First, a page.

Trump search: Unsealed search warrant suggests ex-president being investigated under Espionage Act

A copy of the warrant obtained by The Independent shows the former president is under investigation for violations of three US laws, including the Espionage Act

Andrew Feinberg
Washington, DC
Friday 12 August 2022 21:43 EDT
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FBI agents who searched President Donald Trump’s Palm Beach, Florida home on Monday found documents classified above top secret as well as the paperwork for Trump ally Roger Stone’s pardon and information about Emmanuel Macron.

According to a copy of the warrant and inventory of documents recovered from Mr Trump’s property which was obtained by The Independent, agents recovered from the ex-president a set of papers bearing markings identifying them as Top Secret/Sensitive Compartmented Information – a level of classification above the top secret level which is often applied to intelligence sources as well as the US nuclear arsenal.

The search warrant, which federal agents obtained on 5 August, directed agents to seize “physical documents and records constituting evidence, contraband, fruits of crime, or other items illegally possessed in violation” of three criminal laws: the Espionage Act, a US law which makes it a crime to remove information related to national defence “from its proper place of custody “ as well as sections of US criminal law covering obstruction of justice and removing government records.

Specifically, it commanded them to take possession of “any physical documents with classification markings, along with any containers/boxes (including any other contents) in which such documents are located, as well as any other containers/boxes that are collectively stored or found together with the aforementioned documents and containers/boxes”, plus “information, including communications in any form, regarding the retrieval, storage, or transmission of national defense information or classified material”, any “government and/or Presidential Records” created during Mr Trump’s term and “evidence of the knowing alteration, destruction, or concealment of any government and/or Presidential Records, or of any documents with classification markings”.

The warrant authorised agents to search “the 45 Office”, as well as “all storage rooms and all other rooms or areas within the premises used or available to be used by [the former president] and his staff and in which boxes or documents could be stored, including all structures or buildings on the estate”.

According to the inventory, the agents who searched Mr Trump’s property removed roughly 20 boxes, binders containing photos, one handwritten note and the official paperwork granting a presidential pardon to Roger Stone, the GOP operative and provocateur who has been a longtime ally of and advisor to the ex-president.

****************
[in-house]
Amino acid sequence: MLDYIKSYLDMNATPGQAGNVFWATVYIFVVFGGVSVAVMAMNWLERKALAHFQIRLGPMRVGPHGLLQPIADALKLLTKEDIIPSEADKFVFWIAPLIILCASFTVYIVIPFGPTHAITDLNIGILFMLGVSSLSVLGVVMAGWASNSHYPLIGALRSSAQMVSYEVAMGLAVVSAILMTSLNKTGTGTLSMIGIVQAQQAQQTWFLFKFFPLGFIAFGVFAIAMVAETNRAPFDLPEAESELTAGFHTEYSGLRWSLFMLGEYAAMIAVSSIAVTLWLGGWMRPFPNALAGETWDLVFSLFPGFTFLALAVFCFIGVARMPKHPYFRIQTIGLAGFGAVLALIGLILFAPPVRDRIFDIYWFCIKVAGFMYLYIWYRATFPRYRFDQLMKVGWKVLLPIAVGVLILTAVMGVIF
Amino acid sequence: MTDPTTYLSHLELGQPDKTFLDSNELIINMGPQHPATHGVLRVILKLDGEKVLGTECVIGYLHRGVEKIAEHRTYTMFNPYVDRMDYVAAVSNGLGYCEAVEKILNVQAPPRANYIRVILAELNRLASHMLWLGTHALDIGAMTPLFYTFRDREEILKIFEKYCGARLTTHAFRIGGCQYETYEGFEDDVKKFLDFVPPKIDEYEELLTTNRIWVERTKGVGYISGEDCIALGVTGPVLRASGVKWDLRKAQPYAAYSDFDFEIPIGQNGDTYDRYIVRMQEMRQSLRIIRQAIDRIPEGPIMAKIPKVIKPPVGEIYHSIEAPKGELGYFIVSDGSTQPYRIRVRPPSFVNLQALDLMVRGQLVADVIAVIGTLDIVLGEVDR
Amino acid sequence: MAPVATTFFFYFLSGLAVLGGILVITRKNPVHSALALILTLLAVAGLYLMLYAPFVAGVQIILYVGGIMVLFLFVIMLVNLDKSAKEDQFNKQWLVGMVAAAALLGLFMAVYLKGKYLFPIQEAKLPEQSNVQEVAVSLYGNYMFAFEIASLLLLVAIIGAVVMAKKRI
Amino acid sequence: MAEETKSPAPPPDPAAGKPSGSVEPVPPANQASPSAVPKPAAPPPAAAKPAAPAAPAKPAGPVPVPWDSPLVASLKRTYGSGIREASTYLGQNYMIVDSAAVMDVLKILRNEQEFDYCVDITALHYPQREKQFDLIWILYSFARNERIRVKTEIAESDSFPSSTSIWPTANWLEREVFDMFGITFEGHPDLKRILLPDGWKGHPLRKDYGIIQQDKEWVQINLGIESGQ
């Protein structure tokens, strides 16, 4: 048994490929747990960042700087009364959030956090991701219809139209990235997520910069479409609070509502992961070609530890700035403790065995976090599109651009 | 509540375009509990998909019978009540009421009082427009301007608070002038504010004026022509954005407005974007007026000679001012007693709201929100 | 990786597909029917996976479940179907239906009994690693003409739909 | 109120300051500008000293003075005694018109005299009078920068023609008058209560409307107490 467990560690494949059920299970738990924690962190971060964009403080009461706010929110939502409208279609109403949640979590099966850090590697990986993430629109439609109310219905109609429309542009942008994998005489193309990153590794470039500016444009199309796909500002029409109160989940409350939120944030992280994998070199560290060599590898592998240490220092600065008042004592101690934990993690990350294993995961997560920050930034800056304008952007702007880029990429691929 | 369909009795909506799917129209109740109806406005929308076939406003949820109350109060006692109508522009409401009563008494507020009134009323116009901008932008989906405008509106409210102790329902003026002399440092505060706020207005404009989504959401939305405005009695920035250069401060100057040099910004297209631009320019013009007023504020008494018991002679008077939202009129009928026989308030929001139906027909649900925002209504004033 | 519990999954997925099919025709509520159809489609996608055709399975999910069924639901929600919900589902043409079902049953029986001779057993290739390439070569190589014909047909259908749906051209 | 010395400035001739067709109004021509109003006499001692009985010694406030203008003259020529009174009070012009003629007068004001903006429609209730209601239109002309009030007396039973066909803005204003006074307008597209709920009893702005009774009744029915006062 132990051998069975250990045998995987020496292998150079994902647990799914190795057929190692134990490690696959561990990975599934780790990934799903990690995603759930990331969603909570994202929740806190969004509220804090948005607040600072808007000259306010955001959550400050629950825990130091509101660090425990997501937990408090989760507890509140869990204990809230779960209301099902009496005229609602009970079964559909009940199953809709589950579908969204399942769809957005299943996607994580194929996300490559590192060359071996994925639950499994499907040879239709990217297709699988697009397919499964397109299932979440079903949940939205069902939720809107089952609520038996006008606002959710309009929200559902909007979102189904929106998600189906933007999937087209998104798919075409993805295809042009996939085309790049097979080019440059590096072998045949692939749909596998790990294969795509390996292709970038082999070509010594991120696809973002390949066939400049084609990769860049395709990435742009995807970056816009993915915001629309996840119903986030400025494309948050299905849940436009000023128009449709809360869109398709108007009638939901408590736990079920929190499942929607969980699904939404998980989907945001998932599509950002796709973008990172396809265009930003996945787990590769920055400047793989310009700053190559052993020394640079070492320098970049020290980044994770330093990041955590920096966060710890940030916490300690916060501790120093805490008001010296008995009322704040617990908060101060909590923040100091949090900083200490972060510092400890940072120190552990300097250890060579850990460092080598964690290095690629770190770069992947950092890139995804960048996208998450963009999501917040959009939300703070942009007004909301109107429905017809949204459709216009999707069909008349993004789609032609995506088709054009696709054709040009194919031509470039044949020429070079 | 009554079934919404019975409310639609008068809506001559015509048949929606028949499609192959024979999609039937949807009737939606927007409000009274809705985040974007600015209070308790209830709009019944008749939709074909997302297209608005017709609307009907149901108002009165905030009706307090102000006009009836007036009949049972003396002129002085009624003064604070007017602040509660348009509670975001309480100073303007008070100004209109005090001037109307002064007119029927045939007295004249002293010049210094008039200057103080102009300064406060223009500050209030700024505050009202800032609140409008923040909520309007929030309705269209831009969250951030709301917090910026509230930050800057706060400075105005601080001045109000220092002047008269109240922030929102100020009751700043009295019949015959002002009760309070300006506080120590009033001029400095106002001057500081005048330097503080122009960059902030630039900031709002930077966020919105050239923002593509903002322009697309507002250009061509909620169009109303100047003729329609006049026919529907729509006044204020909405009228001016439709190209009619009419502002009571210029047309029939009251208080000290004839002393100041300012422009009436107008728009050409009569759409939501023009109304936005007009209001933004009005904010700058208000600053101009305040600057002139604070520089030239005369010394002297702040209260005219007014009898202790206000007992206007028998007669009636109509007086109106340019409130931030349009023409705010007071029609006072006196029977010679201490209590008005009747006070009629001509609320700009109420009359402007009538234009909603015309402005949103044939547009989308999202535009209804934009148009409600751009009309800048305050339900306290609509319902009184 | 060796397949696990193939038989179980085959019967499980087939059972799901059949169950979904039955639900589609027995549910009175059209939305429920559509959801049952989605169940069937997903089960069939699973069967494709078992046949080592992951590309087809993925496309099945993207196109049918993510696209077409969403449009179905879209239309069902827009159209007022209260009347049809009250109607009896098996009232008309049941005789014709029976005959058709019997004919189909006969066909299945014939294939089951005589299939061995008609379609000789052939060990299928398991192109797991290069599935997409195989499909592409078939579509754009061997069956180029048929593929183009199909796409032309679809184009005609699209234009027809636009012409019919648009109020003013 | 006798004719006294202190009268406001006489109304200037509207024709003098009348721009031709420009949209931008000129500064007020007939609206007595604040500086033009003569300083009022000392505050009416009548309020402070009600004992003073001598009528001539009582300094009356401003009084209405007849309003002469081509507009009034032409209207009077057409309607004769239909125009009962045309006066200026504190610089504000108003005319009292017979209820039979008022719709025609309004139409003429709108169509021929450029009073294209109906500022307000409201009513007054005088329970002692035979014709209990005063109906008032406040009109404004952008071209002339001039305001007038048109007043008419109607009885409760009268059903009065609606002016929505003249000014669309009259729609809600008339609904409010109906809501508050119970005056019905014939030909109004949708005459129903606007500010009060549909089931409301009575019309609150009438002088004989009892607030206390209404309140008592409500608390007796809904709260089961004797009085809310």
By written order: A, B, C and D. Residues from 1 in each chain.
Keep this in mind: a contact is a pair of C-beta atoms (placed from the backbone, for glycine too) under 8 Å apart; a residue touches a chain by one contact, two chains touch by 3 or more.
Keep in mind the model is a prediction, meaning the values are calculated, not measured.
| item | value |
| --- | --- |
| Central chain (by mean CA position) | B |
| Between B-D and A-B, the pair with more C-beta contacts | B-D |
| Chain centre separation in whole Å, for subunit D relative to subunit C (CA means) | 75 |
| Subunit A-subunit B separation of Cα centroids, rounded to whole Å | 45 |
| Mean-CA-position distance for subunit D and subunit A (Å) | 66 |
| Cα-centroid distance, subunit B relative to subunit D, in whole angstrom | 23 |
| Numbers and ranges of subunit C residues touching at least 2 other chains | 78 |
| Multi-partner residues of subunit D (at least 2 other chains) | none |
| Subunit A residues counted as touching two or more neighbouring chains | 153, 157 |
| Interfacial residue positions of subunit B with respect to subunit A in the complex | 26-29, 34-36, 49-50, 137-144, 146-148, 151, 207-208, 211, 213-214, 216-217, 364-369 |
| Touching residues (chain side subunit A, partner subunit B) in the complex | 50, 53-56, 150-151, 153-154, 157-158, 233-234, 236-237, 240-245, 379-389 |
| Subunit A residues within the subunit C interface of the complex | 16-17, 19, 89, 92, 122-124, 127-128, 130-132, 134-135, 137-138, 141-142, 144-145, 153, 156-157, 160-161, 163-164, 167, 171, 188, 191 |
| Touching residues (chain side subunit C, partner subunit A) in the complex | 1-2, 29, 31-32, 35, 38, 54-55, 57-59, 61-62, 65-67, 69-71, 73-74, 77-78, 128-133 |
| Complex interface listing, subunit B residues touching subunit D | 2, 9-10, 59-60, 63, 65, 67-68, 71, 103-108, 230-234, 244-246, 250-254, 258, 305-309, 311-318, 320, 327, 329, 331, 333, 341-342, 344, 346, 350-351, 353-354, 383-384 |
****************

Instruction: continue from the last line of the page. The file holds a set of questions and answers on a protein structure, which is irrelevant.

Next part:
The boxes contained 11 separate sets of classified documents, including documents marked as top secret and the set of “Top Secret/Sensitive Compartmented Information” documents, the latter of which would have ordinarily required to be viewed in a secure facility known as a SCIF.

Four of the documents sets were listed as classified top secret, three were marked as secret, and another three were marked as confidential, the lowest level of classification in the US system.

Another item listed referred to information about the “President of France”.

According to Newsweek, the agents who executed the search warrant on Mr Trump’s property were specifically seeking documents pertaining to intelligence “sources and methods”, including documents “with the potential to reveal ... including human sources on the American government payroll”.

Although US presidents have broad authority to view and disseminate classified information, Mr Trump’s ability to legally possess any such documents ended when his term as president expired on 20 January 2021.

Some of the ex-president’s allies have argued that he declassified any information recovered from his home prior to leaving the White House, but for information to be legally declassified there must be written documentation that the declassification process was followed.

Mr Trump himself made the same argument in a statement on Friday, claiming that “it was all declassified”. He added that federal authorities “didn’t need to ‘seize’ anything” and “could have had it anytime they wanted”.

But Mr Trump would not have had the ability to declassify documents pertaining to intelligence sources or nuclear weapons because documents on those matters are classified under US statutes, not the executive order that governs most classified information in the US. Moreover, he would have had to notify agencies that he was declassifying information and added markings to each document noting that it was declassified.

The news that Mr Trump is under investigation for potential violations of the Espionage Act comes just four days after Mr Trump himself announced that the FBI had searched his home, touching off a spate of threats against FBI agents by his supporters and leading one of them to attempt to enter an Ohio FBI field office with a semiautomatic rifle and a nail gun.

Some of Mr Trump’s allies have speculated that the FBI search of his property was an attempt to find him in violation of the Presidential Records Act, which has no criminal penalties. But the laws cited on the warrant to search Mr Trump’s property could result in the ex-president serving many years in prison should he be charged and convicted of violating any of them.

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